• Special Guest: Kate Pierson from The B-52s provides backing vocals for several songs on Out of Time.
  • Spoken Word in Music: Several examples.
    • "Voice of Harold" has Stipe listing the address of the United Music World Recording Studios, Inc., among other items.
    • "Belong" from Out of Time, "Chance" from the Automatic for the People sessions and Departure from New Adventures in Hi Fi consist of Stipe reading song lyrics to the music track.
    • "Blue" from Collapse into Now features a distorted Stipe reading a poem while Patti Smith sings sporadically.
    • In his only vocal appearance on an R.E.M. recording, Peter Buck spoke the one verse of Roky Erickson's "I Walked with a Zombie" for a tribute album (the R.E.M. performance featured each member giving their own rendition of that verse; the other three members sung it).
  • Stealth Pun: Lifes Rich Pageant has a collage of Bill Berry and some bison as the cover, as a Visual Pun on the 19th century soldier and entertainer Buffalo Bill.
  • Step Up to the Microphone: Mike Mills sings lead on their cover of the Clique's "Superman" from Lifes Rich Pageant (because Stipe disliked the cover too much and only did backing vocals), as well as "Near Wild Heaven" and "Texarkana" from Out of Time (because Mills co-wrote the lyrics to both songs). In concert, Mills also performed lead vocals on more recent performances of "(Don't Go Back To) Rockville".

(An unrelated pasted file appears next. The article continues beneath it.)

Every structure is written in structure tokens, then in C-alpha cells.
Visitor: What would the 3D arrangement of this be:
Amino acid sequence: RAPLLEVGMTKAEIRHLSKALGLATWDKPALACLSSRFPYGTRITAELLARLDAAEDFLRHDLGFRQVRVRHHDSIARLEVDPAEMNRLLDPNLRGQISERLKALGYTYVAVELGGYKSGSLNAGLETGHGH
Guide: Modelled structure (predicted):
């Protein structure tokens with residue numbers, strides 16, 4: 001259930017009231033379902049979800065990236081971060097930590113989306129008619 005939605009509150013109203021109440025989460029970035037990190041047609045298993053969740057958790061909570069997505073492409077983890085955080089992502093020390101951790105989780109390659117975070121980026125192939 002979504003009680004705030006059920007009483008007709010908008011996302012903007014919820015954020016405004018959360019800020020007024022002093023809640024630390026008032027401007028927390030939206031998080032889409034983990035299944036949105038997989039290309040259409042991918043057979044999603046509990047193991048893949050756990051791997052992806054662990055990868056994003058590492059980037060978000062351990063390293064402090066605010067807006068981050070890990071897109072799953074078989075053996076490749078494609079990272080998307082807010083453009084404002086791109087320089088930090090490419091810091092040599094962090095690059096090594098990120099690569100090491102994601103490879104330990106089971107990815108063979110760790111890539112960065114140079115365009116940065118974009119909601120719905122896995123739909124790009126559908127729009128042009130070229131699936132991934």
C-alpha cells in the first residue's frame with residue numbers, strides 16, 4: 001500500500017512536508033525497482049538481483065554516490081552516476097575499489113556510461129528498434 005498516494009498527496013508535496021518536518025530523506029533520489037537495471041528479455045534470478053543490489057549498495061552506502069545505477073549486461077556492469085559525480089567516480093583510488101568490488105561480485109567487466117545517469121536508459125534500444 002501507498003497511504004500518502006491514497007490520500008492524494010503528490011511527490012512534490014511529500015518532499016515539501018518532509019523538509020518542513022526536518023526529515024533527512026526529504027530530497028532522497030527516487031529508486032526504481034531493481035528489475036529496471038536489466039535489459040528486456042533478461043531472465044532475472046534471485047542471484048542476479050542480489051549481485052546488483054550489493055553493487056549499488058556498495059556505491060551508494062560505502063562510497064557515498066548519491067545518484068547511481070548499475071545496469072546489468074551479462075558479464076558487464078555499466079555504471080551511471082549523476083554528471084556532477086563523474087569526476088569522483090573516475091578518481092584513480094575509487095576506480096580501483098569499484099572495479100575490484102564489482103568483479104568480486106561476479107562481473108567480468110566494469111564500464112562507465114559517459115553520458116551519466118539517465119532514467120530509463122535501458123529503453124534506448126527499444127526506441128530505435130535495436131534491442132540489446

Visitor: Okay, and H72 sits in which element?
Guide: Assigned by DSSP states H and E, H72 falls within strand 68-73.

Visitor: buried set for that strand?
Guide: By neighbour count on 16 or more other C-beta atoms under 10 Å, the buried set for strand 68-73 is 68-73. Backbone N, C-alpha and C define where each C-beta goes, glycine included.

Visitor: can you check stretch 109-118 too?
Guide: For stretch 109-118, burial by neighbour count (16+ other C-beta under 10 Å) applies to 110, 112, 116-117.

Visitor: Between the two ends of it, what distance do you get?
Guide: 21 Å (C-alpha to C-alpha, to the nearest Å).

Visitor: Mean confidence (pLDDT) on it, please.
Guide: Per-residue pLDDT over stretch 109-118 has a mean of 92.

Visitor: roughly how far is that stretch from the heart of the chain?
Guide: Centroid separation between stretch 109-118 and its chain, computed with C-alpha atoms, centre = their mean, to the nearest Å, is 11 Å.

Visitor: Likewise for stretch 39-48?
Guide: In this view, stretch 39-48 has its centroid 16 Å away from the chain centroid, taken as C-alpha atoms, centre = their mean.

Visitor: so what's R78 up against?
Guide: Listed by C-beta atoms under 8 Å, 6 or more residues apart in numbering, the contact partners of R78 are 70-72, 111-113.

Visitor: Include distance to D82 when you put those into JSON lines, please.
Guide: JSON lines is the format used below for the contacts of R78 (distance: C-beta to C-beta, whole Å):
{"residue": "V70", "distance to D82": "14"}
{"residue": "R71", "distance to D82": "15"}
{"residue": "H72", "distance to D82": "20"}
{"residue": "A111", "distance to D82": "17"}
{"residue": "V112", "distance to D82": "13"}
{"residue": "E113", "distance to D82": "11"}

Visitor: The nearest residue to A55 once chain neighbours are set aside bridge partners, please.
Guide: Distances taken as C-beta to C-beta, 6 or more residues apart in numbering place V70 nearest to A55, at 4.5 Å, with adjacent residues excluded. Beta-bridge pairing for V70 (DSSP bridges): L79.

• Peter Buck never sang at all on an R.E.M. record, except for their cover version of "I Walked with a Zombie" on the Roky Erickson tribute album Where the Pyramid Meets the Eye, in which every member took the lead vocal for a verse (the song is just the same verse over and over again). Even then, Buck didn't sing: he spoke the lyrics.
  • Success as Revenge: The opening track on Accelerate, "Living Well Is the Best Revenge", revolves around the narrator facing an onslaught of insults, attacks, and other vitriol and brushing them all off in favor of simply living life to the fullest. According to Michael Stipe, the song was penned as a Take That! to both right-wing pundit Bill O'Reilly and an unnamed person he admired who badmouthed the band, summarizing the song as "fuck you! Sing like this, you talented fuck."
  • Surreal Music Video:
    • The entire "L" side of Reckoning served as the soundtrack to a twentysomething-minute short film entitled Left of Reckoning, done by Stipe's art tutor James Herbert, that essentially gives one of these to each of the five songs on the album's "L" side. Through the use of arty close-ups, filters, time speed-ups and slow-downs and other avant garde film choices, it captures the band randomly wandering around the Whirligig Farm in Rabbittown, Georgia.
    • "Electrolite", helped along by inverted camera work, fisheye lenses, figures changing size...
  • Symploce: Used in the song "Driver 8":
    But it's still a ways away
    But we're still a ways away
    But it's still a ways away
  • Take That!: